Nasdaq in final offer for LSE

8 January, 2007 at 9:45 pm | Posted in Markets | Leave a comment

Nasdaq Stock Market Inc. urged London Stock Exchange Plc shareholders to accept its takeover bid that values the company at 2.7 billion pounds ($5.2 billion), arguing the shares will tumble if the offer is rejected.

Nasdaq in a regulatory filing today restated that its 1,243 pence-a-share offer represents a “full and fair price” given that the LSE faces increasing pressure to lower the fees it charges brokers for completing trades on Europe’s stock largest market. The 40-page document responds to the LSE’s Dec. 19 regulatory filing that urged investors to reject Nasdaq “wholly inadequate” bid and pledged to raise the company’s dividend by at least 50 percent.

Chief Executive Officer Robert Greifeld wants to expand Nasdaq overseas and boost profit by sharing technology across the U.K. and U.S. equity markets. His LSE counterpart, Clara Furse, has said the 308-year-old market can remain independent as trading and corporate listings continue to grow.

“Nasdaq seems to be trying to make sure that LSE shareholders are thinking about the risk of their position, and reiterating that they think the fundamentals will weaken,” said Ed Ditmire, an analyst at Fox-Pitt, Kelton Inc. in New York. “There are a lot of important dates coming up, as far as the offer goes.”

Nasdaq, the largest U.S. all-electronic equity market, gave investors until Jan. 11 to accept its offer for the 71.25 percent it doesn’t already own in the LSE. Nasdaq is likely to extend the deadline until Feb. 11, the latest date allowed under U.K. takeover rules, said Ditmire, who doesn’t own Nasdaq shares and has an “outperform” rating on the stock.

The rules require Nasdaq to declare after Jan. 11 the amount of stock shareholders agreed to tender. The company’s offer is conditional on gaining more than a 50 percent stake in the U.K. market.

Nasdaq claims the LSE has failed to acknowledge “growing customer dissatisfaction” over its fees as well as competitive threats from a group of brokerages, including Citigroup Inc. and Goldman Sachs Group Inc., that plans to launch a rival pan- European market, Nasdaq said.

The LSE said in a regulatory filing today that Nasdaq’s analysis of transaction fees is “blatantly misleading” and reiterated its plan to reduce trading costs.`Shareholders should not be persuaded into selling their shares well below their true value by Nasdaq’s bluster,” Furse said in a statement today.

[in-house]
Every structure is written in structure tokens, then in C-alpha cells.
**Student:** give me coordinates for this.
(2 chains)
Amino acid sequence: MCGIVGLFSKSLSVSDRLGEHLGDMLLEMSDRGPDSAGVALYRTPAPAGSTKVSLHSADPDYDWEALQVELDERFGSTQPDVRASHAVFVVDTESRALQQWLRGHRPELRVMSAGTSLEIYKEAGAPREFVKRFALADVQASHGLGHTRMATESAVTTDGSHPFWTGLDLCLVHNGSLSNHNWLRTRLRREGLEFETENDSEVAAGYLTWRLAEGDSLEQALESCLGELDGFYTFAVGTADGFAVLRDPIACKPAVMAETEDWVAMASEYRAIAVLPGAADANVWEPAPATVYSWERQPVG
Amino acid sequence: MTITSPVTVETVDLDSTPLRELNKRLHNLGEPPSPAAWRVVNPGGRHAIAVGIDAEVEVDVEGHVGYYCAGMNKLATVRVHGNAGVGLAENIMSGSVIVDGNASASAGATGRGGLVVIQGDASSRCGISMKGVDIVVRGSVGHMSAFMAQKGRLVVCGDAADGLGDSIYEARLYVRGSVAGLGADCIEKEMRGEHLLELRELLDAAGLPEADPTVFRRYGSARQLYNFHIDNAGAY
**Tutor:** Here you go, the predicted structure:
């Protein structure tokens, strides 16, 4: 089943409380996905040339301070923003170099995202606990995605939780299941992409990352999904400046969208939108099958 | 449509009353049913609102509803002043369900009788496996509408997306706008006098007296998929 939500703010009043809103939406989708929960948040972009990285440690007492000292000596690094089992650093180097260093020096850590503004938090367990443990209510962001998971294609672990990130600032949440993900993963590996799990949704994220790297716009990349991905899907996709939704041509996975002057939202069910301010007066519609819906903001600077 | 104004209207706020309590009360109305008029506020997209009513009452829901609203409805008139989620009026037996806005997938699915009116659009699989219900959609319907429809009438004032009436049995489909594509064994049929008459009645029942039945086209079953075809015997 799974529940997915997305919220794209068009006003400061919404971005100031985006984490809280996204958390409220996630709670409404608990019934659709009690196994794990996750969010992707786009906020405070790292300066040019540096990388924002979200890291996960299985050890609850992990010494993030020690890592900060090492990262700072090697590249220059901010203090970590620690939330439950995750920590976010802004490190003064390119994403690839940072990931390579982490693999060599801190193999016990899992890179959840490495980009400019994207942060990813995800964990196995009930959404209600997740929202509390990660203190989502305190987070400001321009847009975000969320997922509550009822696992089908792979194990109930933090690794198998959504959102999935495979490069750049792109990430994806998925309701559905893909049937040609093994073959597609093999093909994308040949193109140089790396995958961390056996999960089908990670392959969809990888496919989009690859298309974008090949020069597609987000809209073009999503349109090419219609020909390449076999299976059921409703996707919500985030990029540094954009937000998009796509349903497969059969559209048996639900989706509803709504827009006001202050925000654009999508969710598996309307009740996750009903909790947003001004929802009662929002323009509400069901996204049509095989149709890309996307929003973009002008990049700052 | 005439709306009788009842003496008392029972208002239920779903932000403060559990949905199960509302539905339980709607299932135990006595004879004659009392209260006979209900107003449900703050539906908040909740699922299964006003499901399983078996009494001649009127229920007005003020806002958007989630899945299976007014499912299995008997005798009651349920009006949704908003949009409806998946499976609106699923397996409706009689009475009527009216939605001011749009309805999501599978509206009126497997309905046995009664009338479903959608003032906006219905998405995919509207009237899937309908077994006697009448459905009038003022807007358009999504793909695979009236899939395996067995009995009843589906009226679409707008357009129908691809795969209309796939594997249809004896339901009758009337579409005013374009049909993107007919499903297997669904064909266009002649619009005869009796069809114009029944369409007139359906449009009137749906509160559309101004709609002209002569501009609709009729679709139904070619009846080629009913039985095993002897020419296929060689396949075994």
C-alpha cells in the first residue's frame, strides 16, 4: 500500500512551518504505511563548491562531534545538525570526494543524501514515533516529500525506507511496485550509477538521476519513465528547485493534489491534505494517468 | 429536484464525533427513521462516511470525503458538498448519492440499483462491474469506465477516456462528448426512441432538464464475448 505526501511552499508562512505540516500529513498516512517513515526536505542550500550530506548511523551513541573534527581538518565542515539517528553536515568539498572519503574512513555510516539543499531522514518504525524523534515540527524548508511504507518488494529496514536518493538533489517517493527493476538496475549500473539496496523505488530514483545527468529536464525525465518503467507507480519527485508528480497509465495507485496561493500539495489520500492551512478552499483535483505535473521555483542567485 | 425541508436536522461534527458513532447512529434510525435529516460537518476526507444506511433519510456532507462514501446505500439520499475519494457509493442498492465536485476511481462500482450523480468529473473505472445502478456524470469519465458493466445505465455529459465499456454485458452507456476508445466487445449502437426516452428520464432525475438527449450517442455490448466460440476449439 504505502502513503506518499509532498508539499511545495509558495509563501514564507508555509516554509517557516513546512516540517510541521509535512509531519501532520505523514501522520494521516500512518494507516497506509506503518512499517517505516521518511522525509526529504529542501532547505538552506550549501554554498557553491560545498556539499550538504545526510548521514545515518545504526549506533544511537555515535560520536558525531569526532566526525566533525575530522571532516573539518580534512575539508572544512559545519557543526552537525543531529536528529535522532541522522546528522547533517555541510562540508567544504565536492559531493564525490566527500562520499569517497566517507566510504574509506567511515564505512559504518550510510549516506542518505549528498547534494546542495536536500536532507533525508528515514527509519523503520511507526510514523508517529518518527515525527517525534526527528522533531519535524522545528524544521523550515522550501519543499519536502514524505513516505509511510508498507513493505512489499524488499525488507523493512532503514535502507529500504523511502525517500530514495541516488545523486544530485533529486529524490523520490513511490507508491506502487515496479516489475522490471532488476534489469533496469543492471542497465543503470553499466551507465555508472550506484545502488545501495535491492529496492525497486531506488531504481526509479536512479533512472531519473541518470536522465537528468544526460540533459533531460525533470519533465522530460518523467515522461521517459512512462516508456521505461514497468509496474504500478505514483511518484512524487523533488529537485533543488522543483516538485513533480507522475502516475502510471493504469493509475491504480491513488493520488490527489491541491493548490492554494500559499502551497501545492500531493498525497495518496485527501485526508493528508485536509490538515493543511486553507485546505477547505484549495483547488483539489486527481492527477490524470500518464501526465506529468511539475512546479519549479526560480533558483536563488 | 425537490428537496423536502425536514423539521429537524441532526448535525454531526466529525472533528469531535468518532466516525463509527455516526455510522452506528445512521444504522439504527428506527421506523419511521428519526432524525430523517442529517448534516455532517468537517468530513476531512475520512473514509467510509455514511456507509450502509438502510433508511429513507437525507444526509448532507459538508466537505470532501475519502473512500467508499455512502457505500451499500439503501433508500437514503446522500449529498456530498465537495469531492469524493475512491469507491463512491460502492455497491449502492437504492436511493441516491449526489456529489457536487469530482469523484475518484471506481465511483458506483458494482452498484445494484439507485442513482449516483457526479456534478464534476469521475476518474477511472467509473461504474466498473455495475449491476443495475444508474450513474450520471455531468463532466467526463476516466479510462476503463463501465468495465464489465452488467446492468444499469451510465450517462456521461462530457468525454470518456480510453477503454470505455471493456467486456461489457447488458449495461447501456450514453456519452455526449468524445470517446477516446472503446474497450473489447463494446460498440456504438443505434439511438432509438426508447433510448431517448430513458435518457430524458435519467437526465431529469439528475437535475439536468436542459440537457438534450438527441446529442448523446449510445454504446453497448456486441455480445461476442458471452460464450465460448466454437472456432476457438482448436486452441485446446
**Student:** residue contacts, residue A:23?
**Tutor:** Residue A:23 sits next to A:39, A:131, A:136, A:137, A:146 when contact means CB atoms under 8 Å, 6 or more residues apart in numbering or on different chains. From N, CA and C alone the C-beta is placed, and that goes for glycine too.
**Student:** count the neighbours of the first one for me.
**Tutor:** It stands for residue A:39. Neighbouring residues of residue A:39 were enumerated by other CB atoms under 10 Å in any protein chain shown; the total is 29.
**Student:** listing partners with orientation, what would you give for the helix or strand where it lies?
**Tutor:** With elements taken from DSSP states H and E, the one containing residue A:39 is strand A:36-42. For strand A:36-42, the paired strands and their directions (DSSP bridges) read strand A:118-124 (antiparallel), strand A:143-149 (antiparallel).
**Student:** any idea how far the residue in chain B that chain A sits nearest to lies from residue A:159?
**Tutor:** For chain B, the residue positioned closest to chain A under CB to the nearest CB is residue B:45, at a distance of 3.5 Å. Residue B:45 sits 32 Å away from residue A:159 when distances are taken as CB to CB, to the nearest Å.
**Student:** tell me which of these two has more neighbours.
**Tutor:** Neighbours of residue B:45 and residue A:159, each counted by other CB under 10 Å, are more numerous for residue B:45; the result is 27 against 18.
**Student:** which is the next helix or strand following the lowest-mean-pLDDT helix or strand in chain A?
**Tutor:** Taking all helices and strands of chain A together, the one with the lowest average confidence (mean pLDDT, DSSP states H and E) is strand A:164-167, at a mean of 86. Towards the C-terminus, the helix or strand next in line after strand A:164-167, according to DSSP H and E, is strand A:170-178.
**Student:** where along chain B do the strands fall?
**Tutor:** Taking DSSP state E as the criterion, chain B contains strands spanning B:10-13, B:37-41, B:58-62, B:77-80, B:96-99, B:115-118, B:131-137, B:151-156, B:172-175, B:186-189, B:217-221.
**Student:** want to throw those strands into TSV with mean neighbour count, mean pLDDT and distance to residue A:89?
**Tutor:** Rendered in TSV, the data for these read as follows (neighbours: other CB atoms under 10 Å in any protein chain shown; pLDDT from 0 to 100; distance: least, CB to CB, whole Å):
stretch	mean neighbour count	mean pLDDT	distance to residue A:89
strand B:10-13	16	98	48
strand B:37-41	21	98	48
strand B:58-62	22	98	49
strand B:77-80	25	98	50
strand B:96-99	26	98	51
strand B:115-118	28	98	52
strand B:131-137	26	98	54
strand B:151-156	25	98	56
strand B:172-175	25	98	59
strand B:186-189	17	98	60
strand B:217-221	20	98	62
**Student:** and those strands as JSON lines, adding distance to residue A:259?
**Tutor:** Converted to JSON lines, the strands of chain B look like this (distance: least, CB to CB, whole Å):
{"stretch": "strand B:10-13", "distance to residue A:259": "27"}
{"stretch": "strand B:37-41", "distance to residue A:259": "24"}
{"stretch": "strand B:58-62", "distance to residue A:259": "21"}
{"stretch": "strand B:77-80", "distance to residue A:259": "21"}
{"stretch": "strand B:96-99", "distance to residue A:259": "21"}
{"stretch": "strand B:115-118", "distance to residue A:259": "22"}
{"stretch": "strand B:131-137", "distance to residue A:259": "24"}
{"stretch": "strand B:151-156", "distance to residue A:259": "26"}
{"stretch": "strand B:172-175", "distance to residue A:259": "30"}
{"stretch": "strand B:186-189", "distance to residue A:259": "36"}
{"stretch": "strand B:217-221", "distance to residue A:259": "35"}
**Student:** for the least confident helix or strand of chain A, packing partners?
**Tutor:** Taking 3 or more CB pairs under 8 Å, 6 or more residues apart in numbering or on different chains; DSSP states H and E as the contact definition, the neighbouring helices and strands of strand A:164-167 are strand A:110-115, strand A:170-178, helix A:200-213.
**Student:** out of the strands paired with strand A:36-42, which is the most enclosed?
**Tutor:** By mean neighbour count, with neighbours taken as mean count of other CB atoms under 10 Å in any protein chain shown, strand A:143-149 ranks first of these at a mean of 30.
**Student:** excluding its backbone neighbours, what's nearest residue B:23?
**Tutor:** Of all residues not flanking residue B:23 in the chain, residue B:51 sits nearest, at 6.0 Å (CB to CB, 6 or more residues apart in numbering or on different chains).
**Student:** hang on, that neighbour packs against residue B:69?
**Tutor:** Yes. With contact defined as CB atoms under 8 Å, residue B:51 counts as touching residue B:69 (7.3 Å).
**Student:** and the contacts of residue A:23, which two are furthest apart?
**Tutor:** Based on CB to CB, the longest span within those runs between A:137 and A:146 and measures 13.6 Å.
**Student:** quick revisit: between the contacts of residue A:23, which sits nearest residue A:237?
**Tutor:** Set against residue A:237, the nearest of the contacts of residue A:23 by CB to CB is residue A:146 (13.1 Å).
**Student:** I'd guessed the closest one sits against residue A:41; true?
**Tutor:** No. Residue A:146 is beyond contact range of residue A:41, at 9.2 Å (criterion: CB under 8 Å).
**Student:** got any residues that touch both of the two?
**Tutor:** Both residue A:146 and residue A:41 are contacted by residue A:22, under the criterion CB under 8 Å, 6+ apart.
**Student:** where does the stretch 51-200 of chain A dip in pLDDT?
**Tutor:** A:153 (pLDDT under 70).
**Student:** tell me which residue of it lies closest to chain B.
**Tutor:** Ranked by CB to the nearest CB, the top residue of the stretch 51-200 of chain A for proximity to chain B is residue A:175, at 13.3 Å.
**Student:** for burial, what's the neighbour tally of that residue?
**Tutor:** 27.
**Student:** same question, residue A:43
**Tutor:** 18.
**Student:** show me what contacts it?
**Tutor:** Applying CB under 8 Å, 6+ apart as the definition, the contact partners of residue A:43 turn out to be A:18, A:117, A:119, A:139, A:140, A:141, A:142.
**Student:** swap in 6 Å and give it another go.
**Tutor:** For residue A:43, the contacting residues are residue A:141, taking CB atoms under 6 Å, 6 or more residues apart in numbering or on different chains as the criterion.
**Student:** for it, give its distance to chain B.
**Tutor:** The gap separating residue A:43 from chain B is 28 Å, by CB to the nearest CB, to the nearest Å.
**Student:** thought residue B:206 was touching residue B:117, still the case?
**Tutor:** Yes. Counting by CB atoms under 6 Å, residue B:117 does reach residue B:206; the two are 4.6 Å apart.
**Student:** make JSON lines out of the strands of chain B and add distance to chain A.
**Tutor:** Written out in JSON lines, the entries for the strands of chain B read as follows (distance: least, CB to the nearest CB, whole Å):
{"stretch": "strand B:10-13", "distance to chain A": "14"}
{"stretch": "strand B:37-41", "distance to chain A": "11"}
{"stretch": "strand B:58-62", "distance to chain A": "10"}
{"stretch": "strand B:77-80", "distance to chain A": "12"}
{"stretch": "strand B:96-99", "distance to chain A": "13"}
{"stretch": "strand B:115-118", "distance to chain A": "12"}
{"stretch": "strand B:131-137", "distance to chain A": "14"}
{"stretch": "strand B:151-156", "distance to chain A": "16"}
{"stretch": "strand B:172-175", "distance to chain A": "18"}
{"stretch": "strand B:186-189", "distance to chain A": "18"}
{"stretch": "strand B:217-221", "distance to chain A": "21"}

Shares of LSE declined 1 pence to 1,282 pence in London, while Nasdaq shares rose 60 cents to $33.70 in composite trading at 12:27 a.m. in New York. Shares of the LSE have gained 24 percent since March 9, the day before Nasdaq’s bid was announced. Nasdaq shares dropped 16 percent over the same period.

Some investors including Samuel Heyman have bought stakes in the LSE anticipating a sweetened bid from Nasdaq. Heyman, who has in the past invested in companies to push them into changing management or strategy, purchased derivatives contracts on Jan. 5 that value shares of the LSE at as much as 1282 pence, or 3 percent higher than Nasdaq’s offer, according to a U.K. regulatory filing today. The purchase increased Heyman’s stake in the LSE to 9.96 percent from 9.65 percent Jan. 3, the filing shows.

In a separate regulatory filing today, LSE said that ING Bank NV cut its stake in the exchange to less than 3 percent from 3.88 percent on Nov. 21.

Nasdaq spent about $1.68 billion last year for its stake in LSE, which has twice rebuffed the company’s takeover bids. In March, Nasdaq offered to buy LSE for 950 pence a share. Nasdaq is appealing directly to shareholders after the LSE rejected the Nov. 20 offer of 1,243 pence a share.

LSE shareholders should not be “misled” by a return of money after the exchange pledged to raise its dividend this year, Nasdaq said today. A combination of Nasdaq and LSE would reinforce London’s position as Europe’s No. 1 financial center, Nasdaq said.

LSE will announce strong third-quarter earnings and revenue figures this week, almost three weeks ahead of schedule, as part of its campaign against Nasdaq’s bid, the Daily Telegraph reported earlier today, without saying where it got the information. John Wallace, a spokesman for the LSE, didn’t immediately return two calls seeking comment.



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